Jeffersonia

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Hoy
Hoy's picture
Title: Member
Joined: 2009-12-15

I can recommend the nursery Yusawa-engei. I have ordered both plants and seeds from them. The plants travel all the way from Japan to Norway in very good condition!

Although the flowers of Jeffersonia are ephemeral they (both species) are indeed worth a place in a garden! The leaves are decorative too.
I have a small batch of seedlings now waiting for planting out later ;D

Trond
Rogaland, Norway - with cool, often rainy summers  (29C max) and mild, often rainy winters (180 cm/year)!

Tim Ingram
Title: Member
Joined: 2011-04-27

Those developing seed pods bring a whole new personality to the plant! Very nice pictures on the Wiki - I'm not so sure about the 'variegated' plant, but interesting that this is transmitted via the seed. It be good to try and multiply Rick's plant because if it is completely sterile I imagine the flowers last much longer than normal Jeffersonia; normally they are so beautiful, but so fleeting.

Dr. Timothy John Ingram
Faversham, Kent, UK
I garden in a relatively hot and dry region (for the UK!), with an annual rainfall of around 25", winter lows of -10°C and summer highs of 30°C.
 

Tim Ingram
Title: Member
Joined: 2011-04-27

The long cold spring, and sudden change to warmer weather, has brought out plants all over the garden, and this white Jeffersonia is definitely one of the loveliest...

Dr. Timothy John Ingram
Faversham, Kent, UK
I garden in a relatively hot and dry region (for the UK!), with an annual rainfall of around 25", winter lows of -10°C and summer highs of 30°C.
 

IMYoung
Title: Member
Joined: 2010-01-31

Thanks for the update Rick- I've posted a link to here from your
thread on the SRGC Forum from last year.  :)

Ian  and/or Margaret Young ( -here it is usually Margaret)

Aberdeen , North East Scotland, UK
Zone 8a

www.srgc.net

Mark McD
Title: Moderator
Joined: 2009-12-14

Tim, I'm envious of your beautiful white Jeffersonia dubia.  Seeing this I ran outside to check the spot where I planted the single seedling last summer, nothing showing yet.  Not sure if I kept it moist enough after planting it out under the canopy of hemlock trees, the hemlocks tend to block rain from reaching the ground.

Mark McDonough
Massachusetts, USA, near the New Hampshire border USDA Zone 5
antennaria at aol.com
 

cohan
cohan's picture
Title: Guest
Joined: 2011-02-03

All the colours are great :)
Interesting nursery too! Wondering about timing- Jeffersonia and Dicentra are warm/cold/warm germination, right? So the time to buy/sow would summer?

west central alberta, canada; just under 1000m; record temps:min -45C/-49F;max 34C/93F; http://picasaweb.google.ca/cactuscactus  http://urbanehillbillycanada.blogspot.com/

Tony Willis
Title: Guest
Joined: 2011-02-01

cohan wrote:

All the colours are great :)
Interesting nursery too! Wondering about timing- Jeffersonia and Dicentra are warm/cold/warm germination, right? So the time to buy/sow would summer?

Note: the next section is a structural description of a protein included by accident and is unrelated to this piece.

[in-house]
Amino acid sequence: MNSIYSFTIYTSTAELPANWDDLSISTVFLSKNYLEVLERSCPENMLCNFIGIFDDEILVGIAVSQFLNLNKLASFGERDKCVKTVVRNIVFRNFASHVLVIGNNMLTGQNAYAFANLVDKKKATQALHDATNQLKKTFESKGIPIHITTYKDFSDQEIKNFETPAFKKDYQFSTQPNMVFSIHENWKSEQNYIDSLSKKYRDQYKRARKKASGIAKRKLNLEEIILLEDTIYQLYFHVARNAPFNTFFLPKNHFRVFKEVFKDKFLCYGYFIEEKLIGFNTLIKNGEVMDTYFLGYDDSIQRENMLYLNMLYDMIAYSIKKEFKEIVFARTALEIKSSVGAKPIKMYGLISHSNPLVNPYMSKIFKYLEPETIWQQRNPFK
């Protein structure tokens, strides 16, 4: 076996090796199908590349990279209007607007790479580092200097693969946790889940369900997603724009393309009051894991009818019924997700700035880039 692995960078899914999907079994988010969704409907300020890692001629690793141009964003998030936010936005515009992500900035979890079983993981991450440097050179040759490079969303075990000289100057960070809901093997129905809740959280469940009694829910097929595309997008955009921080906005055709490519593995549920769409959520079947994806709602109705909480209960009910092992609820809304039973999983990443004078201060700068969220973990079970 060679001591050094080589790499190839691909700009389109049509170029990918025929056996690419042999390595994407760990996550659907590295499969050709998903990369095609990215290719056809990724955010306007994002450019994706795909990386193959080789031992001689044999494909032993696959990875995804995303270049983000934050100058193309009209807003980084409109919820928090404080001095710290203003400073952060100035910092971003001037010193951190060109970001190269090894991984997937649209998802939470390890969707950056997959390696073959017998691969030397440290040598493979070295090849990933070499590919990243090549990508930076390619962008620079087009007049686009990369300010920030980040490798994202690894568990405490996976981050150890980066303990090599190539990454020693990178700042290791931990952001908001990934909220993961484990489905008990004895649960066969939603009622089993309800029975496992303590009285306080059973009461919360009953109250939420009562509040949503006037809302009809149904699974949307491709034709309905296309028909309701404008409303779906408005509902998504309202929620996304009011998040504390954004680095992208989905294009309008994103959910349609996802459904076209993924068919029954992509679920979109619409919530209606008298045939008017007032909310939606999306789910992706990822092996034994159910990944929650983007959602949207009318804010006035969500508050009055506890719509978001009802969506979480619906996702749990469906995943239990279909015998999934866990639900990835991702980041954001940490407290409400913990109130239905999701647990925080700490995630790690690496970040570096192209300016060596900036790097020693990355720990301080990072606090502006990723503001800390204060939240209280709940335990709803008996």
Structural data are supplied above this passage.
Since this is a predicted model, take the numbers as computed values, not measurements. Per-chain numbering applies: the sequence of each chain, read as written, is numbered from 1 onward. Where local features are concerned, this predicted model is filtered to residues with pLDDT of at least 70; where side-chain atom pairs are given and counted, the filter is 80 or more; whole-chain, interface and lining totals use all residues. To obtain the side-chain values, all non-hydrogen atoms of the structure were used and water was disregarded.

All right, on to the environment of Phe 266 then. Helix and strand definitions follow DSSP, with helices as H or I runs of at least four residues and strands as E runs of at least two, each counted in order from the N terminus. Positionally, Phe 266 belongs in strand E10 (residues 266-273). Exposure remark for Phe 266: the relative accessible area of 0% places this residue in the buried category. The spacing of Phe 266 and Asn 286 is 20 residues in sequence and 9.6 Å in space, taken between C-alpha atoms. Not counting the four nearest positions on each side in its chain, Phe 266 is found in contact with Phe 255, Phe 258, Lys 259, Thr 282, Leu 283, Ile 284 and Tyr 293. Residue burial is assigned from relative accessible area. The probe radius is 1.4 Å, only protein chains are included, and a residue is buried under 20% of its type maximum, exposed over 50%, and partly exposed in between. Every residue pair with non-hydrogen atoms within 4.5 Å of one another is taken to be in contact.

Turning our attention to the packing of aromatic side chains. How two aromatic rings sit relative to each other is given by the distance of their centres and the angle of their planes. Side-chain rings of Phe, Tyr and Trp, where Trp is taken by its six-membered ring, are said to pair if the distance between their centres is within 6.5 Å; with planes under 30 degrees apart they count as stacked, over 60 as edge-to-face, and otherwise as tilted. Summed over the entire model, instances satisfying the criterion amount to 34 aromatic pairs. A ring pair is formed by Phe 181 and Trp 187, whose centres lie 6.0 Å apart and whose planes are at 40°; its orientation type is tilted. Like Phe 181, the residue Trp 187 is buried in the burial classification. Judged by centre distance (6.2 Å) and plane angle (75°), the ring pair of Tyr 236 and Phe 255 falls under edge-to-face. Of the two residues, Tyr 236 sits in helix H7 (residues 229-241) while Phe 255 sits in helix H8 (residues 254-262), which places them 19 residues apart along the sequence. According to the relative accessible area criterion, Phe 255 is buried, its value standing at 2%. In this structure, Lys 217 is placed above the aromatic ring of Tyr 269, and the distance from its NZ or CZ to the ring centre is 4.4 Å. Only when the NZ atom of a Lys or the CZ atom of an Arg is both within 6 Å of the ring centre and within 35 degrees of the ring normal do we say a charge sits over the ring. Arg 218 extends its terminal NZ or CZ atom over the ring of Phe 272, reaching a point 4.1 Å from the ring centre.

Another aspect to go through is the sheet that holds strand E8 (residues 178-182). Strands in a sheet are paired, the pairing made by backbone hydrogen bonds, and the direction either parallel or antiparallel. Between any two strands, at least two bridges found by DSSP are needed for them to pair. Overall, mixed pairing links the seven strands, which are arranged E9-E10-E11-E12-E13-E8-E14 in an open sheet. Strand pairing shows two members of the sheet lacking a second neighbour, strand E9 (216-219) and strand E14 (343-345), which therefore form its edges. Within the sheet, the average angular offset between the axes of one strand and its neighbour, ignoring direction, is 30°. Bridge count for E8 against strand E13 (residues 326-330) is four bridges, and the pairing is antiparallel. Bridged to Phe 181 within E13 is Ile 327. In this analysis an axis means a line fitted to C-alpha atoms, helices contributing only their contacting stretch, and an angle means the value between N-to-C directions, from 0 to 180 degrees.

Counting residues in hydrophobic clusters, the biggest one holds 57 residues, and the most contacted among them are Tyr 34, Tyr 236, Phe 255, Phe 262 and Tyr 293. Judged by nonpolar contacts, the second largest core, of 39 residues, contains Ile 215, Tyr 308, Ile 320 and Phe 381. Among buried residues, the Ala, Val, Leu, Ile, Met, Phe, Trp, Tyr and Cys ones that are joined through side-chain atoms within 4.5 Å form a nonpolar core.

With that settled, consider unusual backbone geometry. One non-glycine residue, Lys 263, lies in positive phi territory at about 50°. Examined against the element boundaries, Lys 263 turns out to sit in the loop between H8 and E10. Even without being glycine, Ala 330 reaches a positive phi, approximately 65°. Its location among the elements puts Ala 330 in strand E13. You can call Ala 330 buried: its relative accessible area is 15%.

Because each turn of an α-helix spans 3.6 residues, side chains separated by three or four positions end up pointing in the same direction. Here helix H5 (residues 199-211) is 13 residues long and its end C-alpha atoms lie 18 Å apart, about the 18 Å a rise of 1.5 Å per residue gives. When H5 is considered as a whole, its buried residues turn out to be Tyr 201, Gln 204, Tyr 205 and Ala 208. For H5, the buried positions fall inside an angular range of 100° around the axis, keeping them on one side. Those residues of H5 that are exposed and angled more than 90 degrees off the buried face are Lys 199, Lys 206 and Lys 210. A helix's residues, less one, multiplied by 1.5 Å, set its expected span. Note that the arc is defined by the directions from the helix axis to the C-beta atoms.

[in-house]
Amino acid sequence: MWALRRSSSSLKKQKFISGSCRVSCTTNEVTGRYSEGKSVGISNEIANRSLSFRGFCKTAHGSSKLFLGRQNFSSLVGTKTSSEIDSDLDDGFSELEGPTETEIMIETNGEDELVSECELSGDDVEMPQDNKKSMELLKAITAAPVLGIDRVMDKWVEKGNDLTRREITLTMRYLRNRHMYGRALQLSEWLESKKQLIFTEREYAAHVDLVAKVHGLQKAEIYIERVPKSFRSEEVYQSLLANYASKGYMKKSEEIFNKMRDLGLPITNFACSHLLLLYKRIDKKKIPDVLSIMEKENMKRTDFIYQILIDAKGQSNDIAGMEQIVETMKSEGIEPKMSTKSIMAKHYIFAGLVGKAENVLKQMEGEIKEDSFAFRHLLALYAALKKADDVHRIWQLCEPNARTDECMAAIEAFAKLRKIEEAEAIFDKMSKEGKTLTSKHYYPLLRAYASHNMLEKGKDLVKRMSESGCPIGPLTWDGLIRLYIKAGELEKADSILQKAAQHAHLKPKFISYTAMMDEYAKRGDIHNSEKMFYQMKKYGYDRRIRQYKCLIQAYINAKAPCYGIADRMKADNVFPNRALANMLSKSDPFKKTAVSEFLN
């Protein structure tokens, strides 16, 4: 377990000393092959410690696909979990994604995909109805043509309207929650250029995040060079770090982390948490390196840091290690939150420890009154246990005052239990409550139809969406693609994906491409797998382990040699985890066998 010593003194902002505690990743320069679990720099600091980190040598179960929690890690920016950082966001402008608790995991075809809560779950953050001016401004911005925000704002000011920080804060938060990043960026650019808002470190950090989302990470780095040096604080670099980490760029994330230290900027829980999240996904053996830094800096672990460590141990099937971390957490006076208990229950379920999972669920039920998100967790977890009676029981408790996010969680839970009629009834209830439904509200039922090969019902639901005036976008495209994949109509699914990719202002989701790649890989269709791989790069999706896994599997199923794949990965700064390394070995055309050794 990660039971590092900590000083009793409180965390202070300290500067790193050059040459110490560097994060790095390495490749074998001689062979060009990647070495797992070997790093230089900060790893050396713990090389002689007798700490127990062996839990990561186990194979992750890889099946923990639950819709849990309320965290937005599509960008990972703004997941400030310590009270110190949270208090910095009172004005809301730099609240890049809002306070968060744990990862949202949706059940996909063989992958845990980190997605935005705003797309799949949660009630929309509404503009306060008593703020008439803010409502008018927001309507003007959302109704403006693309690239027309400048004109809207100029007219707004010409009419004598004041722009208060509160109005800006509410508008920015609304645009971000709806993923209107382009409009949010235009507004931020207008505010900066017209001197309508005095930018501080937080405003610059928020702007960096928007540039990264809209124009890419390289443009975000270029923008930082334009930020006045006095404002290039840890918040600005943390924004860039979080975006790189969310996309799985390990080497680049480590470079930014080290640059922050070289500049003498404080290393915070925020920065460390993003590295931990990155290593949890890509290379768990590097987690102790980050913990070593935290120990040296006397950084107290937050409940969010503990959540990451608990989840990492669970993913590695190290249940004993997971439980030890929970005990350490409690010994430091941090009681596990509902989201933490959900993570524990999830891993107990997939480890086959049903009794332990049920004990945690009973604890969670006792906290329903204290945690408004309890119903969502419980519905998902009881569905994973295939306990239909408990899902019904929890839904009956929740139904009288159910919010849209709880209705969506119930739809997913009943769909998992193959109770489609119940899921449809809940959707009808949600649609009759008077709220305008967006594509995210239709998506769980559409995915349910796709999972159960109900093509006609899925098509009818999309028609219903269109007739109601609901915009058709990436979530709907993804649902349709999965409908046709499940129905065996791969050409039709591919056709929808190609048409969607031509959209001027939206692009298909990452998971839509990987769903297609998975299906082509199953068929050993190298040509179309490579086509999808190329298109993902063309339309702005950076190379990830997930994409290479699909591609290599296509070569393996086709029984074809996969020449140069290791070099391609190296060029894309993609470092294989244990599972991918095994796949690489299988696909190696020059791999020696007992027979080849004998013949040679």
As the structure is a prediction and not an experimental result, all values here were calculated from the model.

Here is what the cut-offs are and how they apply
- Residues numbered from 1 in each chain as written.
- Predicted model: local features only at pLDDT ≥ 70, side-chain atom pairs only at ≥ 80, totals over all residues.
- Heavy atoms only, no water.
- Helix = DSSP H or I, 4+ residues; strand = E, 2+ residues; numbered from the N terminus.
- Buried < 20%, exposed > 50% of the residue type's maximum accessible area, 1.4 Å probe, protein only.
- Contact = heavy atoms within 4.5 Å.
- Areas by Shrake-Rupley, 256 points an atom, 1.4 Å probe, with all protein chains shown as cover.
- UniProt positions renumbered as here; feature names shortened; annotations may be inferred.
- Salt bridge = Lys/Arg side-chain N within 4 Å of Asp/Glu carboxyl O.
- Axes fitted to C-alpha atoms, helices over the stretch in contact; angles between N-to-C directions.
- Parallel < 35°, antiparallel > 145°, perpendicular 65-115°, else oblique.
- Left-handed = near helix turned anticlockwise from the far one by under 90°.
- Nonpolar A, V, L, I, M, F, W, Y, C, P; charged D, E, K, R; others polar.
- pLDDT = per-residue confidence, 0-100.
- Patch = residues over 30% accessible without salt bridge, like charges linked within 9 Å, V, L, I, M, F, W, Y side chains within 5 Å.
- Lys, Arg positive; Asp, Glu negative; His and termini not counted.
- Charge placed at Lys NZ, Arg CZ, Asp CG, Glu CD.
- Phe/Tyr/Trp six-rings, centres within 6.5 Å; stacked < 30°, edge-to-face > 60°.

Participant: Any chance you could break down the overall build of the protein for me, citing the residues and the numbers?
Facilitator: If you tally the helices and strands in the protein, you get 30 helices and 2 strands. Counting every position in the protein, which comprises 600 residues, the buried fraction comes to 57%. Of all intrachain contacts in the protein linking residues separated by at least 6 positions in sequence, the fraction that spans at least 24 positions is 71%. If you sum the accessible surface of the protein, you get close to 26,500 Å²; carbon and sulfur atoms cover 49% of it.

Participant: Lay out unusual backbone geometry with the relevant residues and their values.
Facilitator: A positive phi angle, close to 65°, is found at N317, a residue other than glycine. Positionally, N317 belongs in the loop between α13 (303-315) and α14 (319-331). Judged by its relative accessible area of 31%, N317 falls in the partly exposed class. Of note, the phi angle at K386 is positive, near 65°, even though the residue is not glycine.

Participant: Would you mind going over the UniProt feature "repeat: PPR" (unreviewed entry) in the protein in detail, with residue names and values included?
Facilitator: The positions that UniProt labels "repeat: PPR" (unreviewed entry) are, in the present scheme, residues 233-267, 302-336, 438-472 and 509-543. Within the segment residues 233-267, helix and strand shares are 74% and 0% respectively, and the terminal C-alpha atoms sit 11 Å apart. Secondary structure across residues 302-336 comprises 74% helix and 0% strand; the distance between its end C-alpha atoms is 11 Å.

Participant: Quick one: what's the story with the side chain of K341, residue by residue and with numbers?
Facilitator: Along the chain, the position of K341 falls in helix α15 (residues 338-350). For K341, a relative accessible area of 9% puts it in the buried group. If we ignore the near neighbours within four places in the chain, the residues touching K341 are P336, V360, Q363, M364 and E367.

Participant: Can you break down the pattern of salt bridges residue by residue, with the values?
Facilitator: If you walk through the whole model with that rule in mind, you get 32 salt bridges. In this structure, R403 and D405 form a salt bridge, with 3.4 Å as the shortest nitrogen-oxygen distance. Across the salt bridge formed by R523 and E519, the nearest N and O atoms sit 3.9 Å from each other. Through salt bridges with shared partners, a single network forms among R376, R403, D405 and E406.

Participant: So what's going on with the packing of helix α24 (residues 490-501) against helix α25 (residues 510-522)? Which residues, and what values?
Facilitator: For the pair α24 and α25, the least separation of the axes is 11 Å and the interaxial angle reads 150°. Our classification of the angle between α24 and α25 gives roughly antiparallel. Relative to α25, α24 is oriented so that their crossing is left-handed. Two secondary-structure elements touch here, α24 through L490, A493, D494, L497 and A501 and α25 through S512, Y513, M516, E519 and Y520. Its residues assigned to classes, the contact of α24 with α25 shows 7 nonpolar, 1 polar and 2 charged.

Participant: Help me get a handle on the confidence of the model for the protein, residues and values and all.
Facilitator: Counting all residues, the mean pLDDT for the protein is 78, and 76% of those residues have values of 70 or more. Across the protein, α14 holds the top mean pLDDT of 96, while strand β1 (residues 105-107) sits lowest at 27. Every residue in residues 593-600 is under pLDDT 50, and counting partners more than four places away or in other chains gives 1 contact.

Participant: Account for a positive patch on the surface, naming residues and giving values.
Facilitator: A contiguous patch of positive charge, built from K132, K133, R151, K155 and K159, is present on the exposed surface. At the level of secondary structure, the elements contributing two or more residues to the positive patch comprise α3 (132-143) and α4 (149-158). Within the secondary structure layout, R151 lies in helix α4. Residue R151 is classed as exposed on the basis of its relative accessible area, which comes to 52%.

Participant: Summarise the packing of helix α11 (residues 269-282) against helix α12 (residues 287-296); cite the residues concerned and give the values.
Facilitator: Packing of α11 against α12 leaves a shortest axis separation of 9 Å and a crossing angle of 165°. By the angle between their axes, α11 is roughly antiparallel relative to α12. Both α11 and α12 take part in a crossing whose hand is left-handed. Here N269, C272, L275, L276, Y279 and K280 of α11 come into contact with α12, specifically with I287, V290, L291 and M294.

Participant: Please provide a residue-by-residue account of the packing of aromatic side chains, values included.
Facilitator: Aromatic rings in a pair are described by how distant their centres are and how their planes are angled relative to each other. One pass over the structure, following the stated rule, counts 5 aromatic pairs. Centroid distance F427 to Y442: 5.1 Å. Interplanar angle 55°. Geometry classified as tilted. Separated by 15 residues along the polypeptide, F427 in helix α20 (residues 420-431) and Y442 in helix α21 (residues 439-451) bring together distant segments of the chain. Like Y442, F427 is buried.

I find jeffersonia seeds are very short lived and always sow straight from the pod the day it ripens. It then germinates the next spring.

As to dividing plants the only one I tried by cutting in two died at once,on the other hand I have a plant of the white form which was propagated by division for me, so it could just be my lack of skill.

Mark McD
Title: Moderator
Joined: 2009-12-14

Tony wrote:

I find jeffersonia seeds are very short lived and always sow straight from the pod the day it ripens. It then germinates the next spring.

When I collect seed of Jeffersonia, Epimedium, and woodland Iris species, I collect directly into plastic baggies.  They can stay in the seed for up to 2-3 weeks without problem, and then sown, to germinate next spring; just gives a bit of leeway as to when the seed is sown.

Mark McDonough
Massachusetts, USA, near the New Hampshire border USDA Zone 5
antennaria at aol.com
 

Tim Ingram
Title: Member
Joined: 2011-04-27

Over the years people have toyed with the idea of a short viability seed exchange because there are so many woodland plants in particular like this: seed could be kept in slightly damp vermiculite for a long time if necessary. A few growers do supply seed like this in the UK, and occasionally Society seed exchanges institute the idea, but there are probably not enough knowledgeable gardeners to really make it viable (excuse the pun). Similar, but different, is supplying seed that has been pretreated (eg: by cold stratification) to improve germination, and the German seedsmen Jelitto must be pre-eminent in this. Years ago I remember getting some rosulate viola seed that had been stored moist in the cold and it gave very good germination - growing them on was another problem!

Dr. Timothy John Ingram
Faversham, Kent, UK
I garden in a relatively hot and dry region (for the UK!), with an annual rainfall of around 25", winter lows of -10°C and summer highs of 30°C.
 

cohan
cohan's picture
Title: Guest
Joined: 2011-02-03

If I read correctly, the Japanese nursery noted above is selling seed of this sort moist packed, as Kristl does, which seems to preserve them for some time- until sown if the same season, or if it's a bit later, the moist packing seems to take the place of the  warm period in warm/cold/warm, so they can go straight to cold.
Just curious about how well these (and Dicentras I was especially looking at on that list  ;D ) respond to moist packing..

west central alberta, canada; just under 1000m; record temps:min -45C/-49F;max 34C/93F; http://picasaweb.google.ca/cactuscactus  http://urbanehillbillycanada.blogspot.com/

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